• Susie | So Happy In Town
      April 15, 2017 / 6:19 pm

      ha ha! The Pierre perving was fun, though I couldn’t help but think he was a bit too disengaged from the kids, but he did get the job done. The kids who are left though from a young age are far more resilient that those (like mine) who haven’t been much. My littlest has been left a lot more, and it never bothers him in the slightest, unlike his sisters. It’s good for them I reckon. Our parents’ generation were far more hardcore with us all and it certainly didn’t do us any harm. Thx for commenting xx

  3. April 12, 2017 / 11:49 pm

    This was a great read. I often feel like I am the “hard” mom. I expect a lot from my kids. Not because I feel like it, but because I believe they can achieve it. I want them to know that hard work and dedication pays off. That life is not about being given what they want, when they want. I have come across moms that give me a look when I tell my children to get on with it. But hey, none of us are perfect. We just do the best we can!!! And yes, I agree with Pam, jealous of your camembert and wine… 🙂 Thanks for sharing with us lovely! #globalblogging

    • Susie | So Happy In Town
      April 15, 2017 / 6:26 pm

      I like your attitude – I want my kids to realise that too, that things are not given to them on a plate, they need to work hard and achieve them. You’re so right though, we’re all just parenting as best we can – I’ll never be able to stop the overpraising thing, it’s in my nature. The camembert and wine was obviously wonderful, just not sure I needed it for breakfast, lunch and dinner! Thx for commenting xx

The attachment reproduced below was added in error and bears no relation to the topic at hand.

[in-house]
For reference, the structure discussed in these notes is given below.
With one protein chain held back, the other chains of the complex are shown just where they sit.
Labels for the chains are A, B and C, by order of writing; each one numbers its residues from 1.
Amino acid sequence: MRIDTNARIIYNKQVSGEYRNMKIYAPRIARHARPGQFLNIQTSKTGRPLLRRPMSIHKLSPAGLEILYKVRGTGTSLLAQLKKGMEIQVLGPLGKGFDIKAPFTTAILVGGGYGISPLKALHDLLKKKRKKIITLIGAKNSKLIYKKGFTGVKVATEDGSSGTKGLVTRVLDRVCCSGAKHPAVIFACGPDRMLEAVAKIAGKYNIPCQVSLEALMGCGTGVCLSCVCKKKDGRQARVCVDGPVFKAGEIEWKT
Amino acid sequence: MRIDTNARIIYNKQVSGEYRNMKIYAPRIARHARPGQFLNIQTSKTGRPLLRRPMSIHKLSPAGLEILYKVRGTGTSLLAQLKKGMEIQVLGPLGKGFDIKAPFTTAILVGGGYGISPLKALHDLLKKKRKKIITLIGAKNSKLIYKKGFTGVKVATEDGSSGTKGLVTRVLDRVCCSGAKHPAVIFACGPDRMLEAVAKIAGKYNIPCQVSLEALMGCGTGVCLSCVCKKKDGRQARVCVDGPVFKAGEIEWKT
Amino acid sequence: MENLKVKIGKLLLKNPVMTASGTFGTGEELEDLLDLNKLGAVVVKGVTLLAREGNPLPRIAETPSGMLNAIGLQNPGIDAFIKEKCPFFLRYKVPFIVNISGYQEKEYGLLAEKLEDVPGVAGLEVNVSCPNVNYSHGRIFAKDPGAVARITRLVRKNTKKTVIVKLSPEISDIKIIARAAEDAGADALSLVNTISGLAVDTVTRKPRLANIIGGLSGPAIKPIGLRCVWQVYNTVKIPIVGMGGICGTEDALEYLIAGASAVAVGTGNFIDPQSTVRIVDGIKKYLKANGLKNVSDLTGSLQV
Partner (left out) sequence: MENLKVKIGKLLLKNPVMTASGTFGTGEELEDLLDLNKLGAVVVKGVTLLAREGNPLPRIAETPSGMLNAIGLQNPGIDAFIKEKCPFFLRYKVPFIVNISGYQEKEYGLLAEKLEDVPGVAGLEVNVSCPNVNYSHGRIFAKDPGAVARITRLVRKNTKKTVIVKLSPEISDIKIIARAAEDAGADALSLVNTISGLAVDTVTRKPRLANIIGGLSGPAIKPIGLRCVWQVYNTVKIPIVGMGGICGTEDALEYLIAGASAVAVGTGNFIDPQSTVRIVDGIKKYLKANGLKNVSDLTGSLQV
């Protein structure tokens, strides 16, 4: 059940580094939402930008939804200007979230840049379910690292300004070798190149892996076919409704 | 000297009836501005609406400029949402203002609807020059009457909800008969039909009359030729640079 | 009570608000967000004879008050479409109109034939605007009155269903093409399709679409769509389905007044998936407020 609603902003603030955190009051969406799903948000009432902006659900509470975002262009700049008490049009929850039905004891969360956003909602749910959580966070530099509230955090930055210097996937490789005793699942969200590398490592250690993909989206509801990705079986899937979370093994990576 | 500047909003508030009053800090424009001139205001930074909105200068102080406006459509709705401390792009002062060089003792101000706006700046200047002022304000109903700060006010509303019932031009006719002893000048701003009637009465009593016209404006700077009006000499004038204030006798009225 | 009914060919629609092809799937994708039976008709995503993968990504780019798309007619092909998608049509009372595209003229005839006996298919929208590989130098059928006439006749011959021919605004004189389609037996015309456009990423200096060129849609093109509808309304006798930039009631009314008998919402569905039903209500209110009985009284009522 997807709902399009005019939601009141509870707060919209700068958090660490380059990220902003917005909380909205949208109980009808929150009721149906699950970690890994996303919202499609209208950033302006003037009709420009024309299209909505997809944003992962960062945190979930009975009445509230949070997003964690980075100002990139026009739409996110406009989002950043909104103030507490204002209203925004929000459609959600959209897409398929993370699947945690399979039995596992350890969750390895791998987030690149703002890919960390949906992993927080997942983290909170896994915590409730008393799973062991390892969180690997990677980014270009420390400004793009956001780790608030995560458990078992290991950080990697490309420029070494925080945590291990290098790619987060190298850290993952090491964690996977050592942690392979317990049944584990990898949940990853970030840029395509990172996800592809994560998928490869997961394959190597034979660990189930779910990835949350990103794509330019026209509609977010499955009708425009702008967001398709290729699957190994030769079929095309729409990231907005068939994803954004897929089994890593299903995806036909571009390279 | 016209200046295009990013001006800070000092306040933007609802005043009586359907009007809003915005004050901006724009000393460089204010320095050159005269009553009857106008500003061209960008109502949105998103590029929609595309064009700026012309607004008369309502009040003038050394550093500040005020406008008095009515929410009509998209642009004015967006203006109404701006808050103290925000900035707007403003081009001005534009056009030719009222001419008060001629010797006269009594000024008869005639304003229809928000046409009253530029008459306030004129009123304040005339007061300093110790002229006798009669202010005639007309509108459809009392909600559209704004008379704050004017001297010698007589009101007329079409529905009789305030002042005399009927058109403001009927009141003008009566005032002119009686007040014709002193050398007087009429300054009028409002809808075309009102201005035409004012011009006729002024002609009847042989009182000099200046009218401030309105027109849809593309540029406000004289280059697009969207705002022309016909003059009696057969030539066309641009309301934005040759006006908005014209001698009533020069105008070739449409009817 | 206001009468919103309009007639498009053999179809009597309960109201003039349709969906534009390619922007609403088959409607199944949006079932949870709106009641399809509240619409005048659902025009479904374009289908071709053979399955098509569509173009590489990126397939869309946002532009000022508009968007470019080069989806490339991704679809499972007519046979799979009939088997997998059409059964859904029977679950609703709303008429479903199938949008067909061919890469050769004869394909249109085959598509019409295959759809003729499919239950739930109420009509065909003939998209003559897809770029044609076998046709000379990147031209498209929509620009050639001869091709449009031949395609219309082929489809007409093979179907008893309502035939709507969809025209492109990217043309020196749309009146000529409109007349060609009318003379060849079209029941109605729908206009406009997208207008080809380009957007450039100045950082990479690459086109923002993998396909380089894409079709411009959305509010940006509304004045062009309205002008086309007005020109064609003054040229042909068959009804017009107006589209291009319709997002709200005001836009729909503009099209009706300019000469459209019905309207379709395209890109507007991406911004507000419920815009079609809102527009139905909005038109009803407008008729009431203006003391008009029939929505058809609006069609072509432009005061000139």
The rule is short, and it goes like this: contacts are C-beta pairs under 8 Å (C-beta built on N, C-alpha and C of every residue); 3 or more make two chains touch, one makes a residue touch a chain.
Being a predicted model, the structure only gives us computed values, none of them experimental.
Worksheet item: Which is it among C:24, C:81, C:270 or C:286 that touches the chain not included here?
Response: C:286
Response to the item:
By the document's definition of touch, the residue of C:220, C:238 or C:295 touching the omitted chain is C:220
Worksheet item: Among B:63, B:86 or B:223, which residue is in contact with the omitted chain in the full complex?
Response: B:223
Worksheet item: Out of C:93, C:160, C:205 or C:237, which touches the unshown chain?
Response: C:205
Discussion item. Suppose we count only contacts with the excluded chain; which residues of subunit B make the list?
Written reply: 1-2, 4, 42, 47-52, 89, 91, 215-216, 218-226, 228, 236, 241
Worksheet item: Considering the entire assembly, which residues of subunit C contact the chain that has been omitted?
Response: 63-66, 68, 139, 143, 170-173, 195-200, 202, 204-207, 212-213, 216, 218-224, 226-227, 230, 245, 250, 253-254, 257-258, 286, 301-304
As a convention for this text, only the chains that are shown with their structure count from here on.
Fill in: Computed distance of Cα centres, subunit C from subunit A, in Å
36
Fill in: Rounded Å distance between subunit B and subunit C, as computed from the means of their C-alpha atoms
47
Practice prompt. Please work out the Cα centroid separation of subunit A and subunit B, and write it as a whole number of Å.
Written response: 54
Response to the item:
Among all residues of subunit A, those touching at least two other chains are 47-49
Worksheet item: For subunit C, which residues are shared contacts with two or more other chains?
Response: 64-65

4. April 13, 2017 / 10:06 am

    This is such a thought provoking post. I think I can be an “over praiser”. But then for fear of being biased, my son amazes me every day with what he achieves and can do. I want to instil confidence and belief into him. My Mum over praised me and I do think it helped me in many ways. Thanks for sharing with #globalblogging

    • Susie | So Happy In Town
      April 15, 2017 / 6:14 pm

      Love that your son amazes you each and everyday. Have to admit, I can’t stop being an ‘overpraiser’ – I’ve tried to kick the habit but that’s just me and like you, I think everything my kids do is brilliant, and I hope it makes them realise they’re awesome and can do anything they want to do in life. Thx for reading and commenting xx

  5. April 14, 2017 / 1:38 am

    Great post! 🌟 as A bi-cultural family this is something I’ve written about too. I love the Dutch get on with it attitude! And I also strongly believe children should do things for their intrinsic value not for rewards. Love the humour in your writing! Thank you for linking up to #ablogginggoodtime 🎉

    • Susie | So Happy In Town
      April 15, 2017 / 6:04 pm

      I admire that get on with it attitude too and am a big believer in no rewards. I just can’t stop my overpraising I’ve realised – probs cause I’m their mum and I’m so proud of them, even when they wipe their own noses!! Thx for reading and commenting xx

    • Susie | So Happy In Town
      April 15, 2017 / 6:04 pm

      I admire that get on with it attitude too and am a big believer in no rewards. I just can’t stop my overpraising I’ve realised – probs cause I’m their mum and I’m so proud of them, even when they wipe their own noses!! Thx for reading and commenting xx